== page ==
Largely through the influence of a school of evangelists whose theology is Calvinistic, whose view of the atonement is that it is an unconditional substitute in punishment for the sins of the elect, instead of a conditional substitute for the punishment of the sins of all mankind, misleading and pernicious advice is given at some of our altars. I do not know by what better name to call it than the syllogistic inference, thus: "The Bible says that he who believes on Christ is saved. Do you thus believe? If you do, you are saved on the testimony of the word. No other testimony is required." The great errors involved in this are: (1) That the seeker, and not God, is the sole judge of the saving efficacy of his faith; (2) that faith is its own evidence; and (3) not the results of faith, assurance of forgiveness by the Holy Spirit and consciousness of the new birth.

Now it may be that saving faith is exercised while going through this syllogism. But the outcome will probably be a state of great doubt and perplexity, a hope without experience, its proper basis, and a profession of salvation without its possession. This style of reasoning will do for that Calvinist who imagines that he by some means has gotten a glimpse of "the secret register of the elect, hidden in the bosom of God," and has seen his name written therein. But for the rest of mankind there is no repose of soul, no present comfort, no hope for the future in this groundless inference. It is groundless, because the word, written many centuries ago, cannot contain the assurance of my personal pardon, nor can it be inferred from the fact of the atonement, which is only the provision for my conditional pardon. The two theories may be thus illustrated: I. A prisoner in his cell desiring pardon is given a copy of the Revised Statutes, which describes how pardon may be obtained. After months of wearisome research he finds not his personal pardon, and is in deep despair. 2. By the other system, he petitions the governor till there comes from the executive chamber a special messenger bearing his personal pardon, signed and sealed. Now he mounts up to the highest joy.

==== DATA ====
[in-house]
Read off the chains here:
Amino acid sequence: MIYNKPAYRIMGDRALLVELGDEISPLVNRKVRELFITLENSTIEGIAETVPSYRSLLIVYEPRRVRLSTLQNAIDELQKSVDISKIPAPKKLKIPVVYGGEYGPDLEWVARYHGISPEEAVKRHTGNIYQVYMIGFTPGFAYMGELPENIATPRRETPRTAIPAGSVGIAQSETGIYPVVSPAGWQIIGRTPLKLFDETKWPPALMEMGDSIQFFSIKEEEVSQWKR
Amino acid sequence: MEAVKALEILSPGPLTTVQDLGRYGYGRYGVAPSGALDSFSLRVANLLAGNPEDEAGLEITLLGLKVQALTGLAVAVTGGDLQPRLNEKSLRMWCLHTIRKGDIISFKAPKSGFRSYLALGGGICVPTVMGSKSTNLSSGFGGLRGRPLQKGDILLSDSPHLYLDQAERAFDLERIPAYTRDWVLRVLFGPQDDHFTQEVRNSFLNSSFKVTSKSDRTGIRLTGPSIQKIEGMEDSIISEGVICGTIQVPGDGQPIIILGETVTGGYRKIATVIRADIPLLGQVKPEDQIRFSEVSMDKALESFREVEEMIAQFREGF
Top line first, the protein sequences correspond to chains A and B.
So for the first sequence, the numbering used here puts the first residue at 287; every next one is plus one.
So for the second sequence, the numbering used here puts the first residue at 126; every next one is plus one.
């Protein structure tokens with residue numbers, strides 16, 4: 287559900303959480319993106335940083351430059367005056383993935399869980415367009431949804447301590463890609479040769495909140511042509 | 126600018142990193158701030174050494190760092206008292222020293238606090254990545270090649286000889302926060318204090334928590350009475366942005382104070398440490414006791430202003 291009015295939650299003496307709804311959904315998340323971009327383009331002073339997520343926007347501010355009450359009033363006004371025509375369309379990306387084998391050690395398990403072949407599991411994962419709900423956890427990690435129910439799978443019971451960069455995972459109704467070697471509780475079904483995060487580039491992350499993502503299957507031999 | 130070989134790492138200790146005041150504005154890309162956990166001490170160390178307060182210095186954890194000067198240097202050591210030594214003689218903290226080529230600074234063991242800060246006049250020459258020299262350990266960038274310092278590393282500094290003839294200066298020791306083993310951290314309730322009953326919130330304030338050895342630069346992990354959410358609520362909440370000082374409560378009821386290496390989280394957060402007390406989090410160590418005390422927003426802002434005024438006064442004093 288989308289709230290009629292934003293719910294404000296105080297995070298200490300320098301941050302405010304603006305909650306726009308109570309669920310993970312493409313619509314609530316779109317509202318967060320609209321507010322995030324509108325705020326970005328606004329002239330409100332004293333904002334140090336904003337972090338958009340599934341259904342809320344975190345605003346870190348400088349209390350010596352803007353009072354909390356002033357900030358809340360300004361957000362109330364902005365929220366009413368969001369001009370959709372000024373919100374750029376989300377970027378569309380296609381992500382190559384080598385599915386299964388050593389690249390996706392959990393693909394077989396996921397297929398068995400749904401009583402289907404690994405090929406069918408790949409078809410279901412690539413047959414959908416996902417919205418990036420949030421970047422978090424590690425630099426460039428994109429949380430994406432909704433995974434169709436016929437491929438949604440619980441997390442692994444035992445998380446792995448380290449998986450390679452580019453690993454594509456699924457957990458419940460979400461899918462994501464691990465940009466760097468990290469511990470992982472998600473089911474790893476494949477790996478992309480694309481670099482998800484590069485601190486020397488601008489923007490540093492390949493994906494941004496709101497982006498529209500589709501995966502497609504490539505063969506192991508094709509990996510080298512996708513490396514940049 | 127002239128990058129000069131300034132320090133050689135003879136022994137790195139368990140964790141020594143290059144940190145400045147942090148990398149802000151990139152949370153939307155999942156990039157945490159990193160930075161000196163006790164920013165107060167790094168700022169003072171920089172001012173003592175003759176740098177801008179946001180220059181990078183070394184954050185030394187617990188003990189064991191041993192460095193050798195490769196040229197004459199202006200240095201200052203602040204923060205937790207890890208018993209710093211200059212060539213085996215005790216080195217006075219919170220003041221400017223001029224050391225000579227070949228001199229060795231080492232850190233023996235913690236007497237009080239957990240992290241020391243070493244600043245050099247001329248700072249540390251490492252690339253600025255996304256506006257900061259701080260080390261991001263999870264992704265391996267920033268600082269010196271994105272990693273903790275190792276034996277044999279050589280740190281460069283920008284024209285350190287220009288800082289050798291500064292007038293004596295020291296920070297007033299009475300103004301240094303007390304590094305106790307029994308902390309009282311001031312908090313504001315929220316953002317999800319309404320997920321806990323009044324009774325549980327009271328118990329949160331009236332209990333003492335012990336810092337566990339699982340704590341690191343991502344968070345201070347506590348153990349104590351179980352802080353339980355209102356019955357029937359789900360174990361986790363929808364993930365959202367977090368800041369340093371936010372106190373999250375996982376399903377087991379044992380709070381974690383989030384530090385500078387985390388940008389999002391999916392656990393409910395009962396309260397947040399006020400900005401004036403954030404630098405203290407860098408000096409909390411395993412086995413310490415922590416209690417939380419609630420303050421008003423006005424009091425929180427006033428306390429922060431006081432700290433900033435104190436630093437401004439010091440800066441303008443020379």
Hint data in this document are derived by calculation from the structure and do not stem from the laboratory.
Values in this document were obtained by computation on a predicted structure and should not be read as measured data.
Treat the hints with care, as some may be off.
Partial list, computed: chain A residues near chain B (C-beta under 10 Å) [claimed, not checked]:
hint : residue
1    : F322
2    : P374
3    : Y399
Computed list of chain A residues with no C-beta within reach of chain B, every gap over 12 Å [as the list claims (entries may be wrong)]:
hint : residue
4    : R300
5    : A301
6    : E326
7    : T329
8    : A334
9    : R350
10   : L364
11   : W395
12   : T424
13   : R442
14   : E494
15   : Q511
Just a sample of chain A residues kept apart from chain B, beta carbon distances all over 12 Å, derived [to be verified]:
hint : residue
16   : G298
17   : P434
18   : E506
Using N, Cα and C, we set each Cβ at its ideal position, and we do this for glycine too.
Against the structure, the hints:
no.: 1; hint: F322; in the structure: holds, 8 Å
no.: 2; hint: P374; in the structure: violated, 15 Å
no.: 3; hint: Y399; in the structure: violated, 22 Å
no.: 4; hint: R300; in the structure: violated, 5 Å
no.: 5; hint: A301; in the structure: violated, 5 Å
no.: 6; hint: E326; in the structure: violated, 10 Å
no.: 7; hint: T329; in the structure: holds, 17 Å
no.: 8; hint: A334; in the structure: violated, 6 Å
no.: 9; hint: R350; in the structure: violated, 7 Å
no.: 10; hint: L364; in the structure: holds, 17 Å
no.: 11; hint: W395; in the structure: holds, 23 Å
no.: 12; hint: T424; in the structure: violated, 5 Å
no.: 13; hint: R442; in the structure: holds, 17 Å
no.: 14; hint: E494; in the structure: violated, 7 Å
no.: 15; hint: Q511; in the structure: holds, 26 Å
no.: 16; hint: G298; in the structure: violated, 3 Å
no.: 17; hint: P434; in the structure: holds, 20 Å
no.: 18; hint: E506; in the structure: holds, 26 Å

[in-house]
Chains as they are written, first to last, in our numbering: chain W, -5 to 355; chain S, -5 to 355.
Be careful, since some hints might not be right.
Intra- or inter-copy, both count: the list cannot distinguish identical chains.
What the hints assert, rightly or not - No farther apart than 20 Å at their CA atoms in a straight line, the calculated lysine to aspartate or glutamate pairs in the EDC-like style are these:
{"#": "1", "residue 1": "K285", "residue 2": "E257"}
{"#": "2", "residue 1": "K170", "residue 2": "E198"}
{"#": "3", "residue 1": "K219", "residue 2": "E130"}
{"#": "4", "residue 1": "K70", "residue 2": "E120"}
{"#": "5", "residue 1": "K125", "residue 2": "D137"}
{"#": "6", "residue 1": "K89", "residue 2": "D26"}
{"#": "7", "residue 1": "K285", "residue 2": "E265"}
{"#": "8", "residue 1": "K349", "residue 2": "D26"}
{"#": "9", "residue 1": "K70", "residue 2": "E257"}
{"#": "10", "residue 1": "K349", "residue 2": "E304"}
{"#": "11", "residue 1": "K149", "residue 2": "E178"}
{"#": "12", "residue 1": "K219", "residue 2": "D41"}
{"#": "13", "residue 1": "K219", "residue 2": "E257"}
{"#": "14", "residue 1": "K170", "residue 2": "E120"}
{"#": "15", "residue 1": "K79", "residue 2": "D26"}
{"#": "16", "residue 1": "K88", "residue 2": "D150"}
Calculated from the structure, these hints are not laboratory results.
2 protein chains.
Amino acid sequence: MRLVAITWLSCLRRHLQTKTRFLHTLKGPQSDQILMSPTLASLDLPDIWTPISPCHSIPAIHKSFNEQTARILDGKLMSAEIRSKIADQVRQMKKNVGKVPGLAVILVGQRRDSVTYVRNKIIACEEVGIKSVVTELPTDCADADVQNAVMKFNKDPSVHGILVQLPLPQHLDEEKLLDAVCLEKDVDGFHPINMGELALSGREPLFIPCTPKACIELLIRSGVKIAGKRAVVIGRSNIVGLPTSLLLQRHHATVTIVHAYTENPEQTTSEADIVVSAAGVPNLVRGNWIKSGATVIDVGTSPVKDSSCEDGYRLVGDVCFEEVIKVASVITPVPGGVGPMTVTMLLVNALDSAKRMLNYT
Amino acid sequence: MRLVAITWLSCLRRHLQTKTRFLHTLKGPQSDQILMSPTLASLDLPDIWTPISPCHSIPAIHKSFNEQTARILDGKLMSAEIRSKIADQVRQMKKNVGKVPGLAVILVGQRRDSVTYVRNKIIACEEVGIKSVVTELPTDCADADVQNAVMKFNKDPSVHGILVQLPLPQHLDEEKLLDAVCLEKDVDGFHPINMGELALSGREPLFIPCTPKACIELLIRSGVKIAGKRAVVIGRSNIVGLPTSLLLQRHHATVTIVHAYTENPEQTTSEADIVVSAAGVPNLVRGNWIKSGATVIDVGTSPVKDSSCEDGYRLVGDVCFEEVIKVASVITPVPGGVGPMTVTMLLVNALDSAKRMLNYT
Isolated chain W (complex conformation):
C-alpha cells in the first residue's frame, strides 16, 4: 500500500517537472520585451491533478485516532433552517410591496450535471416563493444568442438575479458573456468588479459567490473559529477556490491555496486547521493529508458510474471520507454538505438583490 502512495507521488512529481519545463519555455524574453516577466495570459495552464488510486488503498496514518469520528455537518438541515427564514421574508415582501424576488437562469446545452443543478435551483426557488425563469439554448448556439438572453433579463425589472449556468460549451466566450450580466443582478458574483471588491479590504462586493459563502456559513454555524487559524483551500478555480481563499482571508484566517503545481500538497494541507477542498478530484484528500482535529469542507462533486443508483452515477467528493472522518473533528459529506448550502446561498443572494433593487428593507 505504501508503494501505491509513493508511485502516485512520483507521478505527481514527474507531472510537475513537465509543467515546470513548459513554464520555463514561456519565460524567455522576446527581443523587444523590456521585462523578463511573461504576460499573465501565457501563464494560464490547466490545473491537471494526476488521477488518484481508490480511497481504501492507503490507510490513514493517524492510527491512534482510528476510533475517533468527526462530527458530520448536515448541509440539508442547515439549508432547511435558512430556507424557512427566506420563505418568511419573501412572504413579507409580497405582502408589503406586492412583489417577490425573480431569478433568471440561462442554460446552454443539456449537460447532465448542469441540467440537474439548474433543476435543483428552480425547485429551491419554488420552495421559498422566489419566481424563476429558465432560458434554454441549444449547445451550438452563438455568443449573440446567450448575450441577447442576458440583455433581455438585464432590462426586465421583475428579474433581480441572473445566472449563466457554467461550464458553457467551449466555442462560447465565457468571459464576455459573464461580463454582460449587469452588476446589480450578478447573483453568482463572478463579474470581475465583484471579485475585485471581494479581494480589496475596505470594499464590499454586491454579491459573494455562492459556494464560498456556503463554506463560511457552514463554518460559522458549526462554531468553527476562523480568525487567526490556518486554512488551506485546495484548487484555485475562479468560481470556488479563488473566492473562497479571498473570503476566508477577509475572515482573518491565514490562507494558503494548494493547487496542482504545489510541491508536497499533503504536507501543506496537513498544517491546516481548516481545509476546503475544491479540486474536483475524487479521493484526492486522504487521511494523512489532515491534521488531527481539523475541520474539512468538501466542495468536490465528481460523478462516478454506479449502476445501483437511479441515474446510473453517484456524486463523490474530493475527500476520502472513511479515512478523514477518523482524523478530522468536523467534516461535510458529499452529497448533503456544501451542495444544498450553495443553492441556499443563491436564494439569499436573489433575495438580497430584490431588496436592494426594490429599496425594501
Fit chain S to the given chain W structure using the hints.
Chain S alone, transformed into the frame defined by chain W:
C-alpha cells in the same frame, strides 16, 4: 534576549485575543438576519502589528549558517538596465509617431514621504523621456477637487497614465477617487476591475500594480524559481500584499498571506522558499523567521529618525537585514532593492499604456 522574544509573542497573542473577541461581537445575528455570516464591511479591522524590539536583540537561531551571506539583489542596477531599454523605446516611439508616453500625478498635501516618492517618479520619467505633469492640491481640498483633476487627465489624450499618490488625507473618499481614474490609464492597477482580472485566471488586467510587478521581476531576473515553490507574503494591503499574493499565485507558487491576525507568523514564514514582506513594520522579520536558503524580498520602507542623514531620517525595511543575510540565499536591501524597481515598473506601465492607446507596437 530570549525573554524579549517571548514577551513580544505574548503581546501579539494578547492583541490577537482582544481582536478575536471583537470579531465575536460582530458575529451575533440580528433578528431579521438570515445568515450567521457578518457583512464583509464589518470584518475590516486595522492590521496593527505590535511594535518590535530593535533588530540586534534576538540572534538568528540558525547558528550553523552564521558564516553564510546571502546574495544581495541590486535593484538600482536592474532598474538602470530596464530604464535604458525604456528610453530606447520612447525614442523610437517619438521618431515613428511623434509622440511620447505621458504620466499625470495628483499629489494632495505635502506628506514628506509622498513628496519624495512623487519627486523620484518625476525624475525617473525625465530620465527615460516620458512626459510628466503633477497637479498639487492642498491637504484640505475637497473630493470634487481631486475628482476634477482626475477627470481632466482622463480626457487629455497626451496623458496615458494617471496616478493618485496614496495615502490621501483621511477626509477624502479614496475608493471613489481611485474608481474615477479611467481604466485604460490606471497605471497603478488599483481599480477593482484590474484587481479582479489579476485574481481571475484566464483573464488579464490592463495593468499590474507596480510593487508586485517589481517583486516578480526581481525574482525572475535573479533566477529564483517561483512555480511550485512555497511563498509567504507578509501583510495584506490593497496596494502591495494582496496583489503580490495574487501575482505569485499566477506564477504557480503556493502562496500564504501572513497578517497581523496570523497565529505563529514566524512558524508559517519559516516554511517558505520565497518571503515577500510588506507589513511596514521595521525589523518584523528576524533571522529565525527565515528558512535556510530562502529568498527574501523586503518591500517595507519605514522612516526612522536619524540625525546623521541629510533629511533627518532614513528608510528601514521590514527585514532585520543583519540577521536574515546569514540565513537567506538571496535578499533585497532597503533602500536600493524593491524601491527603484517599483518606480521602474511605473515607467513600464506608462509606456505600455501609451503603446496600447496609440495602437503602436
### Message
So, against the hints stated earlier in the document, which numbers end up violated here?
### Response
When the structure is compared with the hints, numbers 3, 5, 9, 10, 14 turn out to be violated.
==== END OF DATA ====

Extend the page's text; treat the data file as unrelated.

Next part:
This brings us to our next doctrinal peculiarity, and the secret of our evangelistic power:


Dr. Abel Stevens deems this to be the distinctive doctrine of Methodism, the immediate contact of the human spirit with the Holy Spirit, by the touch of faith, awakening to spiritual life, giving assurance of pardon, and impressing a sense of the reality of God and of spiritual things. By the Spirit it pleased God to reveal his Son in Saul of Tarsus to qualify him to preach the faith he once destroyed. By the Spirit dwelling in the consciousness of Peter he was made bold to charge upon the Jewish officials the murder of their Messiah King.